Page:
With the upcoming holiday, Passover, has been on my mind all weekend.

First, for those who may not know, allow me to explain Passover as defined through an online dictionary.

Passover is an ancient feast, one that spans some thirty-five centuries of human existence. This holiday forms the primary background for understanding the events of the Upper Room, the symbolism of the Lord’s Table (Communion), and the meaning of the Messiah’s (Jesus) death.

Passover holds great distinction among the religious feasts of the world. Passover is the oldest continually observed feast in existence today, celebrated for some 3,500 years. Even today, more Jewish people keep Passover than any other high holy day. It is a strong, cohesive force within the fabric of Jewish community and culture.

Passover is the first of the seven annual festivals celebrated by the Jewish people and is considered to be Israel’s foundational feast upon which the other six feasts that follow simply build upon. Passover, a feast which commences Israel’s religious year, is often referred to as the Feast of Unleavened Bread because only unleavened bread was eaten during the seven days immediately following Passover.

The Passover occurred in the days of Moses when the children of Israel were in captivity. It was there, at that time, that a lamb was sacrificed, and the blood was applied to each doorpost and lintel. When done in faith and in obedience to God’s command, that home was “passed over” by the death angel and the firstborn was spared. All subsequent observances over the centuries were memorials of that one and only first Passover.

Finally, Jesus (Yeshua) was crucified during the Passover event. He and His disciples ate a Passover meal together on the eve of His death.

During this meal Jesus said, “This is my body,” and “this cup is the new testament in my blood” (Luke 22:7, 19-20). All of those lambs sacrificed down in Egypt (one per household) pointed to the one true Lamb of God who takes away the sin of the world (John 1:29). Writing to the Corinthians, the apostle Peter noted for all of time, “Christ, our Passover (Lamb), is sacrificed for us” (I Corinthians 5:7).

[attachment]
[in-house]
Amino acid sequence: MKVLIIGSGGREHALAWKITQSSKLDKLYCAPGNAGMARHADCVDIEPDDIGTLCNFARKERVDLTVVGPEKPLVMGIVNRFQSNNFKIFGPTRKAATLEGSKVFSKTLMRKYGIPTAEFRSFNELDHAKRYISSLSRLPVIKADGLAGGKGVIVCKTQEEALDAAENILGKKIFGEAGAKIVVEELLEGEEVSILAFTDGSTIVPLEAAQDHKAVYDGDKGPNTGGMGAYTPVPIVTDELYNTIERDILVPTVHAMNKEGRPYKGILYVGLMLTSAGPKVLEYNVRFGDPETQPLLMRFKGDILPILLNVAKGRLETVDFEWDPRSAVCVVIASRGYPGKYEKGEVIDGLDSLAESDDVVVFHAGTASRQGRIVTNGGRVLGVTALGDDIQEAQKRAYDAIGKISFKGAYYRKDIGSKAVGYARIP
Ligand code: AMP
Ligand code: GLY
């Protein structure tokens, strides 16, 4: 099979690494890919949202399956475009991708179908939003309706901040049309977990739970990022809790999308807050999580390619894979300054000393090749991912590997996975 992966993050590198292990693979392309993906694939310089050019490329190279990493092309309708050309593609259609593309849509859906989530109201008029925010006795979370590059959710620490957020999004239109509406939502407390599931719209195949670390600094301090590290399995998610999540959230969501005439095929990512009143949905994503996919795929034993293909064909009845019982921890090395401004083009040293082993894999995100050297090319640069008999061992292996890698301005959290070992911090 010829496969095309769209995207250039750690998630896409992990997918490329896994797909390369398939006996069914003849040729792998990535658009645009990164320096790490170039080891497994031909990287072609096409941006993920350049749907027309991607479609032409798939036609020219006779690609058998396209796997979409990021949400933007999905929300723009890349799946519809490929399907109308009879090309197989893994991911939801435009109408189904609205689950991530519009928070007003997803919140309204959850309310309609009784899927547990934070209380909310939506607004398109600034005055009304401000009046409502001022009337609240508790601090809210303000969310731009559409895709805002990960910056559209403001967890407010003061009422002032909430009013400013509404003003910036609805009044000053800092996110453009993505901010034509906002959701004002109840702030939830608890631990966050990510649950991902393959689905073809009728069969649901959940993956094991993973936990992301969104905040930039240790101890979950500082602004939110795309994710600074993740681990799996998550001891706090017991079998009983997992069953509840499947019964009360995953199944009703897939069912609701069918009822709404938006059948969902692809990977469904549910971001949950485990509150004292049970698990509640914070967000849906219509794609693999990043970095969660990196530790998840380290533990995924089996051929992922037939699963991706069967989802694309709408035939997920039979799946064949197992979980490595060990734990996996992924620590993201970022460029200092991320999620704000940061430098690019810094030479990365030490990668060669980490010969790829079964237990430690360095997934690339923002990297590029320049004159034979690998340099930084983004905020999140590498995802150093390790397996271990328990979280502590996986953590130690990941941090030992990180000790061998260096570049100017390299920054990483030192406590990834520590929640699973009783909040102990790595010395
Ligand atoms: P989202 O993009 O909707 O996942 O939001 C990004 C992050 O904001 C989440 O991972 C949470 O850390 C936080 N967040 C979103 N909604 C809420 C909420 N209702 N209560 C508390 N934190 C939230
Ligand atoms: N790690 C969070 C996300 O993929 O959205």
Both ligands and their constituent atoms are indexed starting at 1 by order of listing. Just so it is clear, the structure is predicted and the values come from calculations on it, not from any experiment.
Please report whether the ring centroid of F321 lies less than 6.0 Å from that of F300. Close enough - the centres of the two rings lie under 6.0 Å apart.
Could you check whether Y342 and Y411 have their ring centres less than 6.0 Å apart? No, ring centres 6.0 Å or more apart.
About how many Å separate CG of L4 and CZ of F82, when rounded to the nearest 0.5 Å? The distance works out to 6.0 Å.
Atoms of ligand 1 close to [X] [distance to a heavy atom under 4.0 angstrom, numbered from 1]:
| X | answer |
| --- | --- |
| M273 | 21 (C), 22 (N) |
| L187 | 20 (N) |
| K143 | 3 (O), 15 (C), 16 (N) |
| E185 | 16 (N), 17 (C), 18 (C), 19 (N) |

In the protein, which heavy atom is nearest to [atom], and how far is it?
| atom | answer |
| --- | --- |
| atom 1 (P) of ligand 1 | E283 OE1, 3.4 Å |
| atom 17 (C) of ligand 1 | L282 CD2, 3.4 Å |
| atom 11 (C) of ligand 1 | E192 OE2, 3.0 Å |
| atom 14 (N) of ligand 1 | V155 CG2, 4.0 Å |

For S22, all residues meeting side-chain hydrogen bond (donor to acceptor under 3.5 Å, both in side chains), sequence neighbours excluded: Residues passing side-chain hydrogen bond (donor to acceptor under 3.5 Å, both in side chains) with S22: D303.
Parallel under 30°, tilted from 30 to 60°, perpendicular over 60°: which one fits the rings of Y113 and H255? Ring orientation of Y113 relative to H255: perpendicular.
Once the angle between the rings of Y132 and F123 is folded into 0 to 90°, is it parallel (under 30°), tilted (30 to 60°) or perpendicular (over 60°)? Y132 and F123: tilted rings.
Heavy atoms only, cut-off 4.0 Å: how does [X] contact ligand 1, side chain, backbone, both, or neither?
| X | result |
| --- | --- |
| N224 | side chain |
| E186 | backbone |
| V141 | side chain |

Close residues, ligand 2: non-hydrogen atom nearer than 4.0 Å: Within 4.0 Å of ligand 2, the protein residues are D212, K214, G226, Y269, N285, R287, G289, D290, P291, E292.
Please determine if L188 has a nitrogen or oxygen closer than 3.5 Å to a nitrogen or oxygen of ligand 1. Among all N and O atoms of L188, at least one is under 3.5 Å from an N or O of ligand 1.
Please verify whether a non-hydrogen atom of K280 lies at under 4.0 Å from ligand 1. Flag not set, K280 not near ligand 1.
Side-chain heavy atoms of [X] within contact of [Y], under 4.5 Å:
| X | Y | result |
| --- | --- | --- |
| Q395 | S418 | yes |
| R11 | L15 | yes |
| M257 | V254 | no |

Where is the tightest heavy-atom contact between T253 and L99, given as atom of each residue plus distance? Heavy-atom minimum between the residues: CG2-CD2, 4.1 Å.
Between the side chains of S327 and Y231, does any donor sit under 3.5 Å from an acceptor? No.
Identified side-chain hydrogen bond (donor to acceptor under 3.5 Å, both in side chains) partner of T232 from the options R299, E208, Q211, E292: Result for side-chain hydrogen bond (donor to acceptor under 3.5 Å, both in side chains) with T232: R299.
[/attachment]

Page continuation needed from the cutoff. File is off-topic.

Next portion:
While most of us know the story of Passover, I don’t know that many of us give it much thought or observe this season of feasting. However, Jesus celebrated these feasts.

1 Corinthians 5:7-8 Paul says; Therefore, purge out the old leaven, that you may be a new lump, since you truly are unleavened. For indeed, Christ our Passover, was sacrificed for us. Therefore, let us keep the feast, not with old leaven, nor with the leaven of malice and wickedness but with the unleavened bread of sincerity and truth.

It is after the death of Christ that Paul is urging us to keep the feast of the Lord. Therefore, I believe it is relevant today. Not as a law, but as a way of honoring God and His appointed days.

Frankly, I think applying the blood of Jesus to our doorposts is just as relevant today as it was the first Passover. I believe partaking of the body and blood of Jesus is relevant this day as well. Just as relevant as it was in the first Passover.

It was by faith that the children of Israel sacrificed a lamb, placed blood over the doorposts and ate of that lamb. It is by faith this day that we place the precious blood of Jesus over our doorposts and it is by faith that we partake of the Lords Suppers, declaring His death, which was and is OUR Passover.

Considering the world we are living in, with all the evil that is evident, I am thankful that I have the blood of Jesus Christ. I am thankful that HE remains my Passover. I am honored to observe this season in God.

Today, I want you to begin to seek God about how He would have you celebrate and observe this Passover. As I said, there is something very different about this Passover. Something very different indeed.

Prepare your heart to receive all God has for you this Passover weekend. Prepare your heart to honor God. Prepare your heart to honor our Passover lamb…which is Jesus Christ.

“Recognize the plot of the enemy and the lies and stand in the face of them, declaring truth.” – K Potter